Of all of the instruments of war, diplomacy, and revolution, the pen has been the silent giant determining the fate of nations.
In recent posts, I feel I have stepped away from my primary purpose for this site, which is to say, the improvement of the self through the examples of the gentlemen of the 19th Century.
For that I apologize. Odds are good, however, that it will happen again as this is my blog and my brain tends to try to entertain itself - OOOH LOOK A BUTTERFLY!
Anyhoo, one change I have been meaning to embark upon, but have been waiting for the right time, is to take steps to improve upon my penmanship. All one must do is look back at the writings of the 19th century to notice the beautiful and elegant script that everyone seems to have mastered. Even the most basic of ledger entries would rival the skills of a modern calligrapher.
So the first thing I did was buy a flexible nib pen. While I have numerous fountain pens, none of them have the flex necessary to create the line weights you see in the finer writing samples from the 19th century. After a lot of research, I settled on the Noodler's Ahab Flex Pen.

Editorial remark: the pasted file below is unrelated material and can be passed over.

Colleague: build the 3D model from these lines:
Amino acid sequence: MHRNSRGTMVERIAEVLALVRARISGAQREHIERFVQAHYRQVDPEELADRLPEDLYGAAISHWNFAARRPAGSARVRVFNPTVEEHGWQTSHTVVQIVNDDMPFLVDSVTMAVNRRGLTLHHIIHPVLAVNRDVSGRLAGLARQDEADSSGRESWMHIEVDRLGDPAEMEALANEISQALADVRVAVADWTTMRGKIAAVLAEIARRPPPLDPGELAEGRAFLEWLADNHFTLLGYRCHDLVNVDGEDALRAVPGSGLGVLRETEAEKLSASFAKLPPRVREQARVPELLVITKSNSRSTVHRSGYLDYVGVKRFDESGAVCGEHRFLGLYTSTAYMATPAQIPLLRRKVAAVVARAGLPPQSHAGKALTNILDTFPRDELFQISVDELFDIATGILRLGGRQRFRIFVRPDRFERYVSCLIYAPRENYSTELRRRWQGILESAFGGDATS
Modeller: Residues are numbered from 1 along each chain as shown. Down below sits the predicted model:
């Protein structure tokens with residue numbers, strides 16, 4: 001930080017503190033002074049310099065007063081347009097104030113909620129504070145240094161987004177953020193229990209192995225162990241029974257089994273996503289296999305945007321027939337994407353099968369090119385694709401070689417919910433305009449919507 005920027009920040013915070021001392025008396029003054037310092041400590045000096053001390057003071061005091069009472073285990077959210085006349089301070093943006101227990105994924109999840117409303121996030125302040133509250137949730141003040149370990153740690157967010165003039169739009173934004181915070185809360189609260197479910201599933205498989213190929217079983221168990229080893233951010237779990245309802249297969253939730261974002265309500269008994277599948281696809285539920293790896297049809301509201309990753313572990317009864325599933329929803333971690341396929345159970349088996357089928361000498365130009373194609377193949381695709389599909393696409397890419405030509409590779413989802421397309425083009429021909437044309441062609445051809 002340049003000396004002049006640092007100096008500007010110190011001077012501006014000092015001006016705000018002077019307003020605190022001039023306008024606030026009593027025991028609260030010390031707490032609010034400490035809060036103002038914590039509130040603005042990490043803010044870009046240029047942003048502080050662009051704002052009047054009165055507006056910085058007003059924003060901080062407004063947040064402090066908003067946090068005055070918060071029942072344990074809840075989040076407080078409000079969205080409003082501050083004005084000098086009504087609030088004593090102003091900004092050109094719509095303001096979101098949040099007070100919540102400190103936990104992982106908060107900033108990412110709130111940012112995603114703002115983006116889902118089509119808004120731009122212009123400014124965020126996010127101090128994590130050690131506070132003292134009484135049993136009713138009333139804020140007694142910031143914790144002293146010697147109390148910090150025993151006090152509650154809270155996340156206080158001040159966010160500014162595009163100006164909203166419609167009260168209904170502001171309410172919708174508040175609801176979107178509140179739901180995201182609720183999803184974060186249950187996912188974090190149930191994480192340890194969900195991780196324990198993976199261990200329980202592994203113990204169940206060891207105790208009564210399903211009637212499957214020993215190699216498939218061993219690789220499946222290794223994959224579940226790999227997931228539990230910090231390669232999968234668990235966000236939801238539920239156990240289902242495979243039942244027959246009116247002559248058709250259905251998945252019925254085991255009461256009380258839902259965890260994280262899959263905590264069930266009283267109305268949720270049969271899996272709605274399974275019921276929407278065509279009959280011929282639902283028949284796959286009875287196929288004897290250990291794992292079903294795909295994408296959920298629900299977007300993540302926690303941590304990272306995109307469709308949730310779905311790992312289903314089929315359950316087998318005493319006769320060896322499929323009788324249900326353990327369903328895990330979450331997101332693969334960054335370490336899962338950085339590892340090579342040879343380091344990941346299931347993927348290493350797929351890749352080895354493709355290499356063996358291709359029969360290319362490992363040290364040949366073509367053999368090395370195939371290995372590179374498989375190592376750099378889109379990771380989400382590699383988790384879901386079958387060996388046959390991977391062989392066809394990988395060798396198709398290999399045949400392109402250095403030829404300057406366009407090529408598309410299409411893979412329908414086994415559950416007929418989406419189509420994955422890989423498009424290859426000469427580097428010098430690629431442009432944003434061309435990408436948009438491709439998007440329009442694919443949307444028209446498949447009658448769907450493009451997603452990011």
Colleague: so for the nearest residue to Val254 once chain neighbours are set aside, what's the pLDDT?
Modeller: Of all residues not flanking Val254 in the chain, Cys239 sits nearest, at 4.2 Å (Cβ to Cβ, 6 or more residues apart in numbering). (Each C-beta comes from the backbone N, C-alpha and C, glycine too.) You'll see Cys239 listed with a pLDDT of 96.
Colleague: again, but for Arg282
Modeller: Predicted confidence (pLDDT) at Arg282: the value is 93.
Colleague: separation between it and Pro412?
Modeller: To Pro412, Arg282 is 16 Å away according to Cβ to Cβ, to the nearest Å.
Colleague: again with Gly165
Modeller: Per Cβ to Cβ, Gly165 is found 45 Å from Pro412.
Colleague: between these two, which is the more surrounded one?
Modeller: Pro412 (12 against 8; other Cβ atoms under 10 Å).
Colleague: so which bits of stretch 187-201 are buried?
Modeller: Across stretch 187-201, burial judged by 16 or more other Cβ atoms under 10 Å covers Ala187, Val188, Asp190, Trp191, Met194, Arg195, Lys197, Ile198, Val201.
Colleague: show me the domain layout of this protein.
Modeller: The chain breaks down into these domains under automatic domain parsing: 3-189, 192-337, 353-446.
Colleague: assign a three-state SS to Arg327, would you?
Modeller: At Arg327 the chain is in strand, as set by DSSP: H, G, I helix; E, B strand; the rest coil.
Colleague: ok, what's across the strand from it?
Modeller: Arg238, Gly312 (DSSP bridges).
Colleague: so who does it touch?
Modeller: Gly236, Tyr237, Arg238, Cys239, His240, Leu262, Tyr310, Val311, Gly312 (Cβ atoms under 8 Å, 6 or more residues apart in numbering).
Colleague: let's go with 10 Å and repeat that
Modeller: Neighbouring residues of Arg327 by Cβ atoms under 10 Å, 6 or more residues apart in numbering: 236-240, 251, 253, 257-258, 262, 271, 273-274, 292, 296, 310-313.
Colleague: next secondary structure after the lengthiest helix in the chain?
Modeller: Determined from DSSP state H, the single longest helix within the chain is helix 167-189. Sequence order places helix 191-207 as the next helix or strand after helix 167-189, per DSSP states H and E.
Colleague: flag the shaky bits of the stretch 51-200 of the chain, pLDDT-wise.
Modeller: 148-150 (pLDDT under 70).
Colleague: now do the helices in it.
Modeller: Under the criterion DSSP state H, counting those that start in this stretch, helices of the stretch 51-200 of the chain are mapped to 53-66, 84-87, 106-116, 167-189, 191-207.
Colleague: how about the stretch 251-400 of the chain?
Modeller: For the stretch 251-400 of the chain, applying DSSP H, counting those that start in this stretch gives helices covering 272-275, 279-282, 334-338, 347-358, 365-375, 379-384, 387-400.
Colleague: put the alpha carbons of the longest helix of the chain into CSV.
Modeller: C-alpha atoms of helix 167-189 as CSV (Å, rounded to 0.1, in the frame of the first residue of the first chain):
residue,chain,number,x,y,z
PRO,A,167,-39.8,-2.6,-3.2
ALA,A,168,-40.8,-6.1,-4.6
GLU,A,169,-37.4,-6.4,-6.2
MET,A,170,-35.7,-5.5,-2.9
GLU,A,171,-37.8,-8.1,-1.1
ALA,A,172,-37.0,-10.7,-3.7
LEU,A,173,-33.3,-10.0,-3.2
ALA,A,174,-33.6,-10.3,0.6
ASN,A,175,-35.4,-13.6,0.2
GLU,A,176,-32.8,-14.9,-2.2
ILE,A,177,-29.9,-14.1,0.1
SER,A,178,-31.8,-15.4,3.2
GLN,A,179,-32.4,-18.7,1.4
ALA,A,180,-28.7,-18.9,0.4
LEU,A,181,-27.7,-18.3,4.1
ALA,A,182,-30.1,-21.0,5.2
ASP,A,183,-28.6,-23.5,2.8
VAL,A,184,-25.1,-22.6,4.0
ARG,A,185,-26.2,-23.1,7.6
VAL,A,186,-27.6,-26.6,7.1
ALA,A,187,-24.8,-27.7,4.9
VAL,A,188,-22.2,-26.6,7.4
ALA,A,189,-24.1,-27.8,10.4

I chose this particular pen based on numerous positive reviews, it's ability to be modified, and it's insanely inexpensive cost. While $20 seems high for a pen, obtaining a pen of this quality for so low a cost is relatively unheard of. I also purchased some Noodler's Eel Ink.
The next step was establishing which form of handwriting to pursue first. Little did I know there are a great number to chose from. I have decided to go with a somewhat decorative option from the late 19th century called Spencerian, named after the Spencer Brothers who created it. This was taught widely for everyday and professional use.
So that brings you up to date. The next step, is going to be actually doing the work. For that, I have ordered some 19th century penmanship exercise books from Amazon. Yup...I have officially taken this to a level of nerd that I never before thought possible.
So as soon as these arrive, I will begin my penmanship exercises in earnest.
Until next time, be a gentleman.